What is Currency Hedging and Why Should I Care?
Currency hedging is a method used to attempt to manage the degree of risk that may be present when making a transaction involving foreign currency exchange.
A currency hedging process is designed to allow a degree of compensation for any shifts in the relative value of the currency type being used in the deal.
A hedge aims to minimize the exposure of the holder of the money being transferred to unfavorable future shifts in the exchange rate, guaranteeing a reasonable return on the investment.
In a typical currency hedging strategy, the idea is to convert or exchange the currency while the rate of exchange is favorable, and then make the investment with the native currency of the country of origin where the investment is based.
For example, rather than paying for shares connected to a company based in Spain with Euros, the currency hedging process begins when the investor would first convert Euros into Pounds Sterling, then use Sterling to make the share purchase.
In order to protect from possible changes in the rate of exchange, the investor would normally agree to sell the shares after a given time period. The rate at which the shares would be sold may be slightly below the exchange rate between the pound and the Euro that was in effect around the time that the shares were purchased.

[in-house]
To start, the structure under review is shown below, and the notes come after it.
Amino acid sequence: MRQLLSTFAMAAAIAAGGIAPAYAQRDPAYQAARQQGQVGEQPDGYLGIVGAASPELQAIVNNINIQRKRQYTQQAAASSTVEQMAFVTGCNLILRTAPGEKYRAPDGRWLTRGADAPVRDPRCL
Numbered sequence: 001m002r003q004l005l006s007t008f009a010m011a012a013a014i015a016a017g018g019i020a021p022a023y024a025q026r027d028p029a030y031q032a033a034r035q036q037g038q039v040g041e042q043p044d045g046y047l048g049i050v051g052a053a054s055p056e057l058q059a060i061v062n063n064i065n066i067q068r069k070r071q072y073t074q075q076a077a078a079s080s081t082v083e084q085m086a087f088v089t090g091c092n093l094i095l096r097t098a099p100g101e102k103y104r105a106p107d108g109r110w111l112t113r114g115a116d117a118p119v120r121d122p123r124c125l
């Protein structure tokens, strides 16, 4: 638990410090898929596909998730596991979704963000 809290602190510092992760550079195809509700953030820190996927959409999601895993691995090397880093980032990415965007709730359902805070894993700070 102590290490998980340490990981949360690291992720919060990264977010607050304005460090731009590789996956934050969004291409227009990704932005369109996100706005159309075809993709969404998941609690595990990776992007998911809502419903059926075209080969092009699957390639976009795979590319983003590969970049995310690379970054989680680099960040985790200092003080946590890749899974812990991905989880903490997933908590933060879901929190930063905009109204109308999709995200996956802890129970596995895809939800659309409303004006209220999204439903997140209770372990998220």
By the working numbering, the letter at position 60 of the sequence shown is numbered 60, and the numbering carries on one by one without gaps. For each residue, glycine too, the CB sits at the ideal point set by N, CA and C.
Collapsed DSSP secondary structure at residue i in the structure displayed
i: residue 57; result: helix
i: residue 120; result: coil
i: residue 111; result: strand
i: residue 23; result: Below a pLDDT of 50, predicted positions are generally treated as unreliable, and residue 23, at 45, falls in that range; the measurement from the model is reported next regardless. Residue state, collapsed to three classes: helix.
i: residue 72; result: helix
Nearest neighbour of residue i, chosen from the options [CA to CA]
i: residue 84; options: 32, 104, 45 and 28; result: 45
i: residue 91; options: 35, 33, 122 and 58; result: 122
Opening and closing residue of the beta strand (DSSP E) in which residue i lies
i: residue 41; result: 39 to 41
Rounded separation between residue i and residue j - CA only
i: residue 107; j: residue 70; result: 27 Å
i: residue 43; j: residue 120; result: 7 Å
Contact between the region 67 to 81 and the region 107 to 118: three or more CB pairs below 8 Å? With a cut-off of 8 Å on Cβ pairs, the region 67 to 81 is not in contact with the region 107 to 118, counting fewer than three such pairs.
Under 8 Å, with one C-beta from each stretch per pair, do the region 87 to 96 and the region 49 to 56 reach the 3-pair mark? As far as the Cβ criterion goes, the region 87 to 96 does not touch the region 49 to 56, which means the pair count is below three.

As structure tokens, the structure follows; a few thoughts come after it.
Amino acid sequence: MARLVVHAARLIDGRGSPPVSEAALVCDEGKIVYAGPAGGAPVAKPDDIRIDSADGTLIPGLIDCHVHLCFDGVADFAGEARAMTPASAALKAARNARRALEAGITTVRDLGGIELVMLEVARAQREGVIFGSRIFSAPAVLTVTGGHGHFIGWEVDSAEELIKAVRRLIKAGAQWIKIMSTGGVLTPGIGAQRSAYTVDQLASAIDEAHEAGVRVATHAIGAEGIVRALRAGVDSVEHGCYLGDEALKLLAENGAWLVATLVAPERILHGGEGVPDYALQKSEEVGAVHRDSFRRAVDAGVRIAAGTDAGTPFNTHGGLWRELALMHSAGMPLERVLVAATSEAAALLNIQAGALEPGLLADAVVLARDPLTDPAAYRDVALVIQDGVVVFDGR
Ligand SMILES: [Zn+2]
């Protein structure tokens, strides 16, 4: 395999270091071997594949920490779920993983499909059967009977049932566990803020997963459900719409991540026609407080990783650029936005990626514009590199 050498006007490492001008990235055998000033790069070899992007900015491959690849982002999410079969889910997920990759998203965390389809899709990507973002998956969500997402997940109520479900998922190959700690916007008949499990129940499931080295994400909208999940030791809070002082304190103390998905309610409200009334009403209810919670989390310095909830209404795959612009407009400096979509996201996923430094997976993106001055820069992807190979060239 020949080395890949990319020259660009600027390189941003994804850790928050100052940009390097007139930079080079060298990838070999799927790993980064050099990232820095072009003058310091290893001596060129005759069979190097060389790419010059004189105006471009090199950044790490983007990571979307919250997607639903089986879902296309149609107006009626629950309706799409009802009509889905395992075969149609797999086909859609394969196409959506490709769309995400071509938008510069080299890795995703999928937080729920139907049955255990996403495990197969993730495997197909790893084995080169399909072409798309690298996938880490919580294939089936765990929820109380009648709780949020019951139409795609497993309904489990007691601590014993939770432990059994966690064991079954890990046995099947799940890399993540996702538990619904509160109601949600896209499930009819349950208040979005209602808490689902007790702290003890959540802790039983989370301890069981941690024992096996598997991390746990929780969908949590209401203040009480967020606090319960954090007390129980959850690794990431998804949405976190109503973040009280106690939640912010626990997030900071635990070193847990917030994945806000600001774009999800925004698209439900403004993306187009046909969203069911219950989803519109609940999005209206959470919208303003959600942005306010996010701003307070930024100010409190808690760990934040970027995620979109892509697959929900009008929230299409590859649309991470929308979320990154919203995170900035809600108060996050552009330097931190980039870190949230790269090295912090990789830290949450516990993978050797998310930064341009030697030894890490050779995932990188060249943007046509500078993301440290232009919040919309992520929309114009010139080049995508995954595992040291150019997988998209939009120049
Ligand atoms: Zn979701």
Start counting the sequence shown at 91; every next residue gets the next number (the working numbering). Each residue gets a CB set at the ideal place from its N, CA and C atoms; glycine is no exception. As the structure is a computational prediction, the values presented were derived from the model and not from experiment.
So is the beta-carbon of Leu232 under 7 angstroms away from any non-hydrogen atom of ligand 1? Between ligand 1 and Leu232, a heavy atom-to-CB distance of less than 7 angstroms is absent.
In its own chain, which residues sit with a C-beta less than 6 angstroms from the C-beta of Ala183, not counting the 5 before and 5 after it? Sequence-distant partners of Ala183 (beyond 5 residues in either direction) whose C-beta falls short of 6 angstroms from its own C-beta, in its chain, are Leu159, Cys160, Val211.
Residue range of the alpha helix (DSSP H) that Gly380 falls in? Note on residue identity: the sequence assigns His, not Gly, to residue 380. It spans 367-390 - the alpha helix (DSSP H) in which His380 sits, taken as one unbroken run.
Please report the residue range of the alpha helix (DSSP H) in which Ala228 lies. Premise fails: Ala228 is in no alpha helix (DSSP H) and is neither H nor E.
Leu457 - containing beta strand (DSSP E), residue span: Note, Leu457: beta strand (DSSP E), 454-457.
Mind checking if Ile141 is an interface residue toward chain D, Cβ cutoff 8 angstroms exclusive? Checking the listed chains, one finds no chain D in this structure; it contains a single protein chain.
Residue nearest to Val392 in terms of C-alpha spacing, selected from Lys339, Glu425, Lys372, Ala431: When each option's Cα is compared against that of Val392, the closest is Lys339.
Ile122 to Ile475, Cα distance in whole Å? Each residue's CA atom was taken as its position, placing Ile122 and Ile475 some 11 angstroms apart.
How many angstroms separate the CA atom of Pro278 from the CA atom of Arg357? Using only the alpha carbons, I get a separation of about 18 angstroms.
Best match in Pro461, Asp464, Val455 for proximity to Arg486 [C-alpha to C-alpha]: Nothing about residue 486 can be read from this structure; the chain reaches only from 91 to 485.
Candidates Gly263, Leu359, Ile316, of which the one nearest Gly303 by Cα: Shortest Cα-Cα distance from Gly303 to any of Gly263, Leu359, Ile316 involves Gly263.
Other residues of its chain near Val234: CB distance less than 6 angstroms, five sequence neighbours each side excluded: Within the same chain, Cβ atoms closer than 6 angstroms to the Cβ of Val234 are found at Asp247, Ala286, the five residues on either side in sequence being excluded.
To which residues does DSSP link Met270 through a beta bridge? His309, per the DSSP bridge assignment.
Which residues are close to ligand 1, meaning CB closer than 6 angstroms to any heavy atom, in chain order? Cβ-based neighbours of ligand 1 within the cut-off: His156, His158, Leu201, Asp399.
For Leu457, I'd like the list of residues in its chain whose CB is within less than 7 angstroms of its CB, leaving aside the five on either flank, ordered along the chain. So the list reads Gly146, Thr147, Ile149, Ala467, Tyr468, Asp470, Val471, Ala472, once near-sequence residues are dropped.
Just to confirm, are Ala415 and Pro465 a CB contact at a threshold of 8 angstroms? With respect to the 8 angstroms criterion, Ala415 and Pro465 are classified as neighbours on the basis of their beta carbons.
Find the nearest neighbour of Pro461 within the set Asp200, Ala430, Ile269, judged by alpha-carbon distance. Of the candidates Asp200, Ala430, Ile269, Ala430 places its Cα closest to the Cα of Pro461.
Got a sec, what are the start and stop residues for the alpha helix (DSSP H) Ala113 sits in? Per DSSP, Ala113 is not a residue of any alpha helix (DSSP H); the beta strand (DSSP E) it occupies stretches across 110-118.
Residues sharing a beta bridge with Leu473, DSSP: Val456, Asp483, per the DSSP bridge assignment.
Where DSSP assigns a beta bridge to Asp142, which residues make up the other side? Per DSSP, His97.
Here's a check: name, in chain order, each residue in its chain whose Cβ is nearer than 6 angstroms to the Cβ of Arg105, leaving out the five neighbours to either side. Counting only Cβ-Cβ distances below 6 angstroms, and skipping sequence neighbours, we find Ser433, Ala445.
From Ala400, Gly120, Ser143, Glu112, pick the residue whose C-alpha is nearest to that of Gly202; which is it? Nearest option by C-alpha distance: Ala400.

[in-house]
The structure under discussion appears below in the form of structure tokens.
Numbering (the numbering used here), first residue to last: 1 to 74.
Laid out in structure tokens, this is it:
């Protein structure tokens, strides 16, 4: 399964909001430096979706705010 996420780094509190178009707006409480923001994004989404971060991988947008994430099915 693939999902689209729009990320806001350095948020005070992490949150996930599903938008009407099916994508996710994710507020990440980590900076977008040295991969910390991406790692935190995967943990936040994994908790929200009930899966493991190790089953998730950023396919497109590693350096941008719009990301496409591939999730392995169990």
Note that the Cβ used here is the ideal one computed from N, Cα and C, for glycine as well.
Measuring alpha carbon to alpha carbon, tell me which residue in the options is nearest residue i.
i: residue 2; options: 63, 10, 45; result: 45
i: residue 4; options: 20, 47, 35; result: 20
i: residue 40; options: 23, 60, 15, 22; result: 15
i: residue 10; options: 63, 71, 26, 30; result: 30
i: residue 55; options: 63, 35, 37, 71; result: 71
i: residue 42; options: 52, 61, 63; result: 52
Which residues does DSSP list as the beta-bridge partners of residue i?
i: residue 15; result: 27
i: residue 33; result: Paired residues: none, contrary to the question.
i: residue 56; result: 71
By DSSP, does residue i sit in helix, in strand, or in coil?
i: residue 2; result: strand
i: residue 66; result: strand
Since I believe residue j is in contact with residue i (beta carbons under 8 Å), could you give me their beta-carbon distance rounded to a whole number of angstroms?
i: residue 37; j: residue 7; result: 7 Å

This creates a situation where the investor is in a position to make a substantial profit if the Euro strengthens against the Pound in the intervening period. On the contrary, if the Euro weakens against the Pound over this time period, the loss is minimized by the contract to sell the shares, thus preventing an overall loss for the investor. Overall, the mechanism offers the investor a degree of protection against fluctuating currency exchange rates.
The above example illustrates just one kind of foreign exchange, currency hedging strategy involving share purchases. Another common use of a hedging mechanism is the offer of ‘forward contracts’ in the exchange of foreign currencies.
A ‘forward contract’ serves to remove the uncertainty of changing exchange rates, by fixing the exchange price for a delivery of currency at a specified future date. This service is widely used by Foreign Exchange brokers to offer businesses and individuals future revenue protection.
Although it is probably the best way to insulate future payments from the unknowns of currency exchange variance, there are some potential pitfalls to be considered when it comes to ‘forward contracts’.
As the future exchange price is locked-in and the amount is fixed, if exchange rates suddenly markedly improve, a client cannot capitalise on this – this is the price paid for guaranteeing a transfer at a set rate, but you can’t have it both ways!
In addition, the further into the future that the deal is set, the less competitive a rate is offered. Typically the market is most used for short-term periods such as 3 to 6 months, as beyond this time lender’s rates become less and less competitive – with more future variables affecting pricing.
Foreign currency brokers will typically offer ‘forward contracts’ for up to a year, but the change that may take place in exchange rates over this time, and the resultant pricing, begin to diminish the attractiveness of this option unless it is vitally necessary.